Why Don't Chiefs Stay?
Standard 1710's staff and time requirements, on the other hand, don't impress him at all. Asked if not meeting the four-minute standard should worry Ann Arborites, Warsinski laughs. "Absolutely not!" He believes a better way to evaluate the AAFD's response time is to compare it to the national average of eight to nine minutes. By that standard, Ann Arbor is doing well.
Councilmember Warpehoski doesn't see much value in hiring more firefighters just to meet an arbitrary standard--especially at a time when "nationally, fire safety is increasing significantly. The risk of dying in a fire dropped 75 percent since 1977 according to the San Jose [fire department's 2011] study, and it's about the same here in Ann Arbor.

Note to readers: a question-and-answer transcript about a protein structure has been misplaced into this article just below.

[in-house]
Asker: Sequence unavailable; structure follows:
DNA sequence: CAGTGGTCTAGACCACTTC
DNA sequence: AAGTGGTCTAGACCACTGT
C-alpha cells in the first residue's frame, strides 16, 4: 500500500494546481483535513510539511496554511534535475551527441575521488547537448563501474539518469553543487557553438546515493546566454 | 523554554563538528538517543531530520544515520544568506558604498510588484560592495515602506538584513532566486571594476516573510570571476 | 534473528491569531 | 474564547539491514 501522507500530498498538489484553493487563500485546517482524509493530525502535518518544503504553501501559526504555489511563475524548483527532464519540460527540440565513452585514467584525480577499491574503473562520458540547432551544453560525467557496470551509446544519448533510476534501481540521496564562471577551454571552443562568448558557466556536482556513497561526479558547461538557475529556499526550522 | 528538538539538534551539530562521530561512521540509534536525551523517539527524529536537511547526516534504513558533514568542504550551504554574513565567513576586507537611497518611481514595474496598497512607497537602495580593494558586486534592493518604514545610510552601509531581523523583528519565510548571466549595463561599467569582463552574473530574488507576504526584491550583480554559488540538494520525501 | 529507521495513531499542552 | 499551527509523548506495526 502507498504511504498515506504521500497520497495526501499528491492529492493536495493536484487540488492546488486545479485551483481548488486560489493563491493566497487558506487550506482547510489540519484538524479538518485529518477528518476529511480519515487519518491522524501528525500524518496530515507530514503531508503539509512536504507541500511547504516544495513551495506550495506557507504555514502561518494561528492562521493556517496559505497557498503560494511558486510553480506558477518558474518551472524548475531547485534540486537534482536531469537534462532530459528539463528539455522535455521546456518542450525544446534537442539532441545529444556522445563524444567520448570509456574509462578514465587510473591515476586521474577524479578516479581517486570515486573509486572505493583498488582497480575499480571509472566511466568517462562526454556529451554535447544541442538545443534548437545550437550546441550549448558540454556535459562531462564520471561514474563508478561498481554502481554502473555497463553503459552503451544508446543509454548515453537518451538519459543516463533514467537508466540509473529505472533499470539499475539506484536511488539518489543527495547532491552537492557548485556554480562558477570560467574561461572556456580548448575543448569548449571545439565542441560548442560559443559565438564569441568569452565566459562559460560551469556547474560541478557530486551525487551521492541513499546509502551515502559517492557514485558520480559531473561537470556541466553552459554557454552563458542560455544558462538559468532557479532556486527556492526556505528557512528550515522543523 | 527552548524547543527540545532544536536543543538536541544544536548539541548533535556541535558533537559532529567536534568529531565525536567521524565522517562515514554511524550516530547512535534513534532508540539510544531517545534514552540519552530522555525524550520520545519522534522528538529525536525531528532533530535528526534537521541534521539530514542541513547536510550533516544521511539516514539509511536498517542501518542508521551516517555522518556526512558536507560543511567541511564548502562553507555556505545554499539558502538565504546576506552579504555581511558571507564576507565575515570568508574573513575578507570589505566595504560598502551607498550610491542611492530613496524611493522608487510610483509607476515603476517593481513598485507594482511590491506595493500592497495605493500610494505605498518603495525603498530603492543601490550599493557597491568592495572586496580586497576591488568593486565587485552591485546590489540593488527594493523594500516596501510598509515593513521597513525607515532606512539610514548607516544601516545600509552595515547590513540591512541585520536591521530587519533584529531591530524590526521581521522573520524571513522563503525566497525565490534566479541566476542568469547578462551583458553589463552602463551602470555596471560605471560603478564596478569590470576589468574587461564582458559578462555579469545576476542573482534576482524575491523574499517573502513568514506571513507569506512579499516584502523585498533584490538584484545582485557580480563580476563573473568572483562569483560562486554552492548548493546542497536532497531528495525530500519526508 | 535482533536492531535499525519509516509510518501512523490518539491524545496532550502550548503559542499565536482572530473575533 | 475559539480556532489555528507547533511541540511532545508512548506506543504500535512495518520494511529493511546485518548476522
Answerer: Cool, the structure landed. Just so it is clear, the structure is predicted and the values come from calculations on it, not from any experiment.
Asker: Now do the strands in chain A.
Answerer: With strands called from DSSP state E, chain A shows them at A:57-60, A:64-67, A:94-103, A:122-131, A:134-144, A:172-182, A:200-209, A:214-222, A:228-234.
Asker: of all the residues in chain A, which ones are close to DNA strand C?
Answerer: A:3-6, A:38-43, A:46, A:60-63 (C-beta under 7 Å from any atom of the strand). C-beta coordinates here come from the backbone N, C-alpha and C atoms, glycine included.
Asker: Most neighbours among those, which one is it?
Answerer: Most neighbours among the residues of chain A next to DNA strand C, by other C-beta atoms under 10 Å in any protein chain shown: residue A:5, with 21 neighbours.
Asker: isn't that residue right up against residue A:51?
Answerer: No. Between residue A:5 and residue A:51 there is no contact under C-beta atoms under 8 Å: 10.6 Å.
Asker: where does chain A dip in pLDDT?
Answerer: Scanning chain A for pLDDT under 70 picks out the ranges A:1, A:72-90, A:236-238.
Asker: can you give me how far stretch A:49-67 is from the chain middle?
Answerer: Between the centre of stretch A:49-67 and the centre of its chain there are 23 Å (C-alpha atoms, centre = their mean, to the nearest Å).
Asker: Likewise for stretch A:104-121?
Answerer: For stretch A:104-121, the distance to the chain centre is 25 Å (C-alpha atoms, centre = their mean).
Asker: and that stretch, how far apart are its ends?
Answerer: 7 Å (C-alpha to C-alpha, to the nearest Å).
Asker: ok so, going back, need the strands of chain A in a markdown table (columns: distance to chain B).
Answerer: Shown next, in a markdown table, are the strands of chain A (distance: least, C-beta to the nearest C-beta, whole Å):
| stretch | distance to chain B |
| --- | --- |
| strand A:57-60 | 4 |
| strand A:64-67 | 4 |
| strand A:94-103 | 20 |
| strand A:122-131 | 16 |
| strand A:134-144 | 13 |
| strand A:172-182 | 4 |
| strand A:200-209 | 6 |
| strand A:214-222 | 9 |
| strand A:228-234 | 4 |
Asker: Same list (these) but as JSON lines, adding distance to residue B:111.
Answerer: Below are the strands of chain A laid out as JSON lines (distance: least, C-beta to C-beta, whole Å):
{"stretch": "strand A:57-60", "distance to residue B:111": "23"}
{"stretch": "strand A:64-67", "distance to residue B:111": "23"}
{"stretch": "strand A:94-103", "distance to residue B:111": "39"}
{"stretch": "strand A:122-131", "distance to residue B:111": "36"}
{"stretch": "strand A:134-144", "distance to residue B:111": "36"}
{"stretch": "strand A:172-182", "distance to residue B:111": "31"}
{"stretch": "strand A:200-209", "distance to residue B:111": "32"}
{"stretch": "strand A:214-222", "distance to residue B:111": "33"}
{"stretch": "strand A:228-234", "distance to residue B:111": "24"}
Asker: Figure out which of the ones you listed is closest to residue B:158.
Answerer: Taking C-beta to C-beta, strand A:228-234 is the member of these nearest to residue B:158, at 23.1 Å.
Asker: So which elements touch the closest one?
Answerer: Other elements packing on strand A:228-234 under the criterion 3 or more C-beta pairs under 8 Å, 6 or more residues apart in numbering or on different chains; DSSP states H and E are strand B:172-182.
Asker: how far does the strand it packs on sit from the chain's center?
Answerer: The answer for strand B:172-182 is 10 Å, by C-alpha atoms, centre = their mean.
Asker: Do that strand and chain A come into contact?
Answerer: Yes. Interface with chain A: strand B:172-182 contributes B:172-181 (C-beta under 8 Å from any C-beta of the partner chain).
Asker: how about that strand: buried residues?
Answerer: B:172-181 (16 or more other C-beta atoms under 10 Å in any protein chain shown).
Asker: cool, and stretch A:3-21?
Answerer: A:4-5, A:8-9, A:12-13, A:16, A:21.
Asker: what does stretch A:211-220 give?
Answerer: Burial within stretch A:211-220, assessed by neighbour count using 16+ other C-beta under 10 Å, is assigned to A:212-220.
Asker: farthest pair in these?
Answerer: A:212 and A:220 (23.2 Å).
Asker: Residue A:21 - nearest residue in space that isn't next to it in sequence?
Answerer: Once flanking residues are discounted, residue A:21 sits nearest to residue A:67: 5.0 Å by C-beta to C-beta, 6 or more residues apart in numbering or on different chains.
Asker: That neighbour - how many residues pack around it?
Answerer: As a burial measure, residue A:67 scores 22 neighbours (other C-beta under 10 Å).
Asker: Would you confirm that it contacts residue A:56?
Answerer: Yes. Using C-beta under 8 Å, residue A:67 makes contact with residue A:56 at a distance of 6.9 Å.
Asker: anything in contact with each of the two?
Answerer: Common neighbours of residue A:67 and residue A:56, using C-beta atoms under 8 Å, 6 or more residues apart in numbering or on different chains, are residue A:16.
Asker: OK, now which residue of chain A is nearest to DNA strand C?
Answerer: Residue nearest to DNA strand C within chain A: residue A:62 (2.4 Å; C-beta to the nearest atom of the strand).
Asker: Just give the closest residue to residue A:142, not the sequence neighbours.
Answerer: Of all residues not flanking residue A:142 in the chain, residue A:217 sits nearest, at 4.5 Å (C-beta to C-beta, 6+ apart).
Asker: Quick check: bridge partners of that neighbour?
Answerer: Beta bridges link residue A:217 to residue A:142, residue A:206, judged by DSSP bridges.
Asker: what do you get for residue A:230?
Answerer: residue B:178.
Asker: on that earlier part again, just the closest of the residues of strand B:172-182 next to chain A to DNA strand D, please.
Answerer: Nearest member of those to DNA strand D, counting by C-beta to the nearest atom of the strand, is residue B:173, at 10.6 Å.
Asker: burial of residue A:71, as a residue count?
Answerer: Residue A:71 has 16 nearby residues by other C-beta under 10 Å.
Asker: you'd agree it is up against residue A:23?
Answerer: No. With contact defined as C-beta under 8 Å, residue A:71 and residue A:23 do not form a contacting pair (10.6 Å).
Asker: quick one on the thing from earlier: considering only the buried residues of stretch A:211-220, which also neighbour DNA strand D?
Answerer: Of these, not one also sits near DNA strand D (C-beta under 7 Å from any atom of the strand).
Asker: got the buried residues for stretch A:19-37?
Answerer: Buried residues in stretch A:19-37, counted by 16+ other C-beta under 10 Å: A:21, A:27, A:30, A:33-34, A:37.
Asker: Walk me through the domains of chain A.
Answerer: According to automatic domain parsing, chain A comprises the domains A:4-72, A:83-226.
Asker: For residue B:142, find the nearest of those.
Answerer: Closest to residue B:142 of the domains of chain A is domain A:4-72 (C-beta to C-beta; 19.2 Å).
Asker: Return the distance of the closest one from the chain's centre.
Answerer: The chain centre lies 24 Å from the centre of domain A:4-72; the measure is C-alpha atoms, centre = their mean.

"The San Jose study shows that getting to a fire in closer to four minutes would have some marginal impact on property damage, like about $500 for every minute. So for two million dollars in staffing expenses, we'd save that $500 per minute. Is that the best improvement in public safety we can hope for?
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